Coheed And Cambria are not a band for lightweights

Coheed and Cambria standing in front of the Moon
(Image credit: Alexandra Gavillet)

Straightforward concept albums are for lightweights. Since their formation in 1995, New York’s Coheed And Cambria have gone further than even their proggiest peers, pairing their cinematic hard rock with narratives that span multiple albums, accompanied by trimmings including graphic novels and full-size models of the artefacts featured in the story. 

As the band release their new album Vaxis II: A Window Of The Waking Mind, frontman Claudio Sanchez welcomes us into his world. 


Vaxis is a five-album narrative about two lovers being hunted by shadowy forces. What happens in this second volume? 

Our characters are still on the run, but they’ve now had their son, who is a more evolved kind of human. We introduce the new villains of the Five Houses Of The Star Supremacy, which is our Galactic Empire, if you will. But then in the shadows is The Liars Club, led by a humanoid mob boss called Candelaria. They ultimately want to unify their consciousness and exclude anyone else from the bloodline. 

How do you get in the zone when recording an album like this? 

I recorded the song Bad Man at home. I don’t normally partake in smoking, and I’m a pretty paranoid person. But since we were locked down I was like: “No one’s coming into this house.” So I got high as fuck. It’s one of my favourite vocal performances on the record. 

Assuming you wouldn’t be killed horribly, if you could live in any cinematic universe, which would you choose? 

I’m gonna go with My Little Pony. No, probably the Star Wars or Dune universes. They feel vast and real inspiring.

Vaxis II: A Window Of The Waking Mind is out now via Roadrunner.

In Coheed And Cambria’s early career, did anyone ever tell you: “This will never work”? 

Absolutely. Kiss had a comic book. But I don’t know if anyone’s ever done this ever-evolving epic within multiple records. When we first put out records, comics weren’t nearly as big as they are now. I think it might have turned a lot of people off. Like: “This is an epic story that’s going to traverse multiple records? Nah, not for me.” At the time, it didn’t feel very easily digested. Even by some of the band.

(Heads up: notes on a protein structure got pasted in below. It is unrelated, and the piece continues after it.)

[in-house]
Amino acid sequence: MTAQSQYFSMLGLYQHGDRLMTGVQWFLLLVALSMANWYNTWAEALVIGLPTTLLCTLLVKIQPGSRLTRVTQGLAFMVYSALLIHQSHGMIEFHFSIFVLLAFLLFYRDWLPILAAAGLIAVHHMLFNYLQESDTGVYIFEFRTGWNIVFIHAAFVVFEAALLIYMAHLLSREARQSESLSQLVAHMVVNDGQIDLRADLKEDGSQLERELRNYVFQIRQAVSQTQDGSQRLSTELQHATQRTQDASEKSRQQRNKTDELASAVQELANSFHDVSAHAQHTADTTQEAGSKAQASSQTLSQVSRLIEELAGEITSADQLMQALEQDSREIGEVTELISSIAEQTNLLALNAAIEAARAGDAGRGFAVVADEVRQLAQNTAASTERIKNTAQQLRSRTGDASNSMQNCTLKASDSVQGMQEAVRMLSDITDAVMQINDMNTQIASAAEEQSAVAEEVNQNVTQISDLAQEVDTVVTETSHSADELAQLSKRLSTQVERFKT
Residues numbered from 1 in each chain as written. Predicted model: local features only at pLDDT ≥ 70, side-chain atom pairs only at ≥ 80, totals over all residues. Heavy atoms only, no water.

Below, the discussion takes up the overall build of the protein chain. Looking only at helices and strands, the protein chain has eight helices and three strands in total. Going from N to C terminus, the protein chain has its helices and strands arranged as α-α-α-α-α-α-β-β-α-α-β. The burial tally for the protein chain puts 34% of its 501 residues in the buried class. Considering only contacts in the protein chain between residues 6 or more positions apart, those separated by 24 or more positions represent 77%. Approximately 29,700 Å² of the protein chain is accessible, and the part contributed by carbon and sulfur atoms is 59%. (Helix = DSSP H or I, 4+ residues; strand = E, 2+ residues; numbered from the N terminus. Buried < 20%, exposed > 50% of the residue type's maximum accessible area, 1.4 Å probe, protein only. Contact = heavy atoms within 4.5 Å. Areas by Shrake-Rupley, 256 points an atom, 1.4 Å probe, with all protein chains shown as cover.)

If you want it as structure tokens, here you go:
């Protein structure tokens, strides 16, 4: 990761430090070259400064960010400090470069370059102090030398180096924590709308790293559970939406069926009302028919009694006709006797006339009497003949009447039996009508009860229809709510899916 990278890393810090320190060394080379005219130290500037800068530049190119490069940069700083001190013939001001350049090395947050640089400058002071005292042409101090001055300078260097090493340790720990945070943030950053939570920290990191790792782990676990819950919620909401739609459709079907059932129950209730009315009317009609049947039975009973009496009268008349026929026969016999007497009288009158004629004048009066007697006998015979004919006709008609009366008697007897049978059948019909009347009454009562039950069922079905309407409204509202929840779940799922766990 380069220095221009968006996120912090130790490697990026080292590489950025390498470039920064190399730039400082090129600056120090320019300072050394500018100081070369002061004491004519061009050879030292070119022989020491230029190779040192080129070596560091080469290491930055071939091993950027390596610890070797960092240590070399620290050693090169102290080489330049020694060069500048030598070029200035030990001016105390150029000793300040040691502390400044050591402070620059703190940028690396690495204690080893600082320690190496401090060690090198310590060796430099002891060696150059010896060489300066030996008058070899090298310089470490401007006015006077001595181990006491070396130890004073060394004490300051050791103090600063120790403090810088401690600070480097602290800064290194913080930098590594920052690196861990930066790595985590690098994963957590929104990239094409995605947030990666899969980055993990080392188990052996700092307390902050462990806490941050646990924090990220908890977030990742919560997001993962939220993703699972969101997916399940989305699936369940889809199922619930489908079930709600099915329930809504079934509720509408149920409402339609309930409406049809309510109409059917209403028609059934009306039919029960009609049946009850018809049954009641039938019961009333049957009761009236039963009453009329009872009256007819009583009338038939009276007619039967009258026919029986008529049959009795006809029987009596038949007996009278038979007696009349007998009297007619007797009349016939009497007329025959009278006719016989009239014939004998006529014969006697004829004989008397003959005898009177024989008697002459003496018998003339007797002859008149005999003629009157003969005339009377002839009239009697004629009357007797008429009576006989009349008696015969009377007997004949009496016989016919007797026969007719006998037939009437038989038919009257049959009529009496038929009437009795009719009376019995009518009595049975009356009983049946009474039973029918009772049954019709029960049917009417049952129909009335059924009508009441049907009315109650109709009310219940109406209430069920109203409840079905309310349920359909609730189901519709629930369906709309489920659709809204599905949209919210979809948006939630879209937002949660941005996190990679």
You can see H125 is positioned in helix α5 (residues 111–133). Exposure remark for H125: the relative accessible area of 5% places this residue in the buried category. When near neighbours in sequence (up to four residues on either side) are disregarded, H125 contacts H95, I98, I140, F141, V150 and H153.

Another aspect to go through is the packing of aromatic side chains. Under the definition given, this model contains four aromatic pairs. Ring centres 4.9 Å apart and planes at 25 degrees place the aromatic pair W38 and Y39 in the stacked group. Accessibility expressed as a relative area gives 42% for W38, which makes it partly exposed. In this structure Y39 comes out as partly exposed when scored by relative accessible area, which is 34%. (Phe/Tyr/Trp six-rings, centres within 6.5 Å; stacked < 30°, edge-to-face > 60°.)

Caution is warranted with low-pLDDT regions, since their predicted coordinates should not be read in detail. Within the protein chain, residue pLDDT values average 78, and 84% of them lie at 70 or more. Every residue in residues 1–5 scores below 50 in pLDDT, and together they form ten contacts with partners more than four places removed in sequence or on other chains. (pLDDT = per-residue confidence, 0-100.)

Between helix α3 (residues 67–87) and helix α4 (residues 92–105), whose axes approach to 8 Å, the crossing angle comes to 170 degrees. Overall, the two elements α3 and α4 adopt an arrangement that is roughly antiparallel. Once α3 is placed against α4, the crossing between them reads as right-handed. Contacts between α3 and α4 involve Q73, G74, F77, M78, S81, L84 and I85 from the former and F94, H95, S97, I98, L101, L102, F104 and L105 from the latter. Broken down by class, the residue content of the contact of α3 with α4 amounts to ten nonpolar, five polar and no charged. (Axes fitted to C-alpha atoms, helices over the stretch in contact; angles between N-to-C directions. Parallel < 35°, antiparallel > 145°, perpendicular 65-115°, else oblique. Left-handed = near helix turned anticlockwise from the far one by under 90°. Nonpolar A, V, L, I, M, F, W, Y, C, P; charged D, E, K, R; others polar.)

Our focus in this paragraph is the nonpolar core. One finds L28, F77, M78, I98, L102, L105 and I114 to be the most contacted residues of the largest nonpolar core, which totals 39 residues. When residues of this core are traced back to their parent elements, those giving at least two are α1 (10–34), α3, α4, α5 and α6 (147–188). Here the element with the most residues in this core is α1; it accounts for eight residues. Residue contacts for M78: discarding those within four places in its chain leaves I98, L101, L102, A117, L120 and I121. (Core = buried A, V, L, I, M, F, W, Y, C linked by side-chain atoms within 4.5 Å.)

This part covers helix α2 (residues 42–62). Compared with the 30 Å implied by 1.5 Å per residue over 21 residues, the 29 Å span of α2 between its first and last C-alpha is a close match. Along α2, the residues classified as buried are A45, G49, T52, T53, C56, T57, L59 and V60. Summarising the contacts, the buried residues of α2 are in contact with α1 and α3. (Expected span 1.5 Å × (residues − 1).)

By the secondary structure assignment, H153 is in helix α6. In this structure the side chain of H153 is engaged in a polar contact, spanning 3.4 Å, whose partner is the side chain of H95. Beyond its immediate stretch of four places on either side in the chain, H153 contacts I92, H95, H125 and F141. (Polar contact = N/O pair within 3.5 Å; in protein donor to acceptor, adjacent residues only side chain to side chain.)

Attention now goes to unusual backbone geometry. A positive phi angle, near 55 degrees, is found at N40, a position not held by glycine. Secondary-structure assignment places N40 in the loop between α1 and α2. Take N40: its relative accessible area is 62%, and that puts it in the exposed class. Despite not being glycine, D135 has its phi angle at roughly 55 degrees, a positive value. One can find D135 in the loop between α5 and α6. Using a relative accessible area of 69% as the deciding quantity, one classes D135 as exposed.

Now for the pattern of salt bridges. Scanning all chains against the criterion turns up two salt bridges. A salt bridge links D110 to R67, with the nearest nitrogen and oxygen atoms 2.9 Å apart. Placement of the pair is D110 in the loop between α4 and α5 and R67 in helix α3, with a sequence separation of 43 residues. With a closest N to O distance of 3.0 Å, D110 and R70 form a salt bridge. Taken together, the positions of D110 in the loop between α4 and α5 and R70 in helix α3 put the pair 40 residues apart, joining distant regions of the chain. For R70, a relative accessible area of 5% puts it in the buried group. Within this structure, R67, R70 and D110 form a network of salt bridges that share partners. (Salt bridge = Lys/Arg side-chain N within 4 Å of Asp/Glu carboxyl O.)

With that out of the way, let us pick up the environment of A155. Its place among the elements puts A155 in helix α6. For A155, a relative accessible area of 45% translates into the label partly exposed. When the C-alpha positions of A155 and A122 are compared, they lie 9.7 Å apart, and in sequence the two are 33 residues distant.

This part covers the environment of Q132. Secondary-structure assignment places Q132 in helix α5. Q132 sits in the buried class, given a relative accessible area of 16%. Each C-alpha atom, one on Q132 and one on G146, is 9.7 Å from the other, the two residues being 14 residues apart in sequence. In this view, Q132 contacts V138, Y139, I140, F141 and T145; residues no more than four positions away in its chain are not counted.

You’re forty-four. You once said you’re jealous of your dad’s generation of music

Yeah. I’ve never wanted to pigeonhole myself into one subgenre. And when I listen to that era, it feels like the music jumps around. I mean, AC/DC does its thing. But then you have bands like ELO, Zeppelin or The Beatles, where things are really moving around on a record. That’s what I always wanted to do with Coheed, if you think of our discography and you pair a song like Welcome Home with Number City or A Disappearing Act

The box set includes a ninety-six-page novel and the Quintillian Speaker Container Unit from the story. Is it important to be a band that’s more than just music? 

Well I love that. Bringing up the example of The Beatles, I loved the music, but also reading into all those weird conspiracies about Paul dying and the ‘28IF’ on the Abbey Road sleeve. Or discovering Floyd and the movie component, or The Who’s Tommy. I’m a fan, and I love having more of the thing that I love. I’m just trying to provide that for those who want it.

Henry Yates has been a freelance journalist since 2002 and written about music for titles including The Guardian, The Telegraph, NME, Classic Rock, Guitarist, Total Guitar and Metal Hammer. He is the author of Walter Trout's official biography, Rescued From Reality, a music pundit on Times Radio and BBC TV, and an interviewer who has spoken to Brian May, Jimmy Page, Ozzy Osbourne, Ronnie Wood, Dave Grohl, Marilyn Manson, Kiefer Sutherland and many more.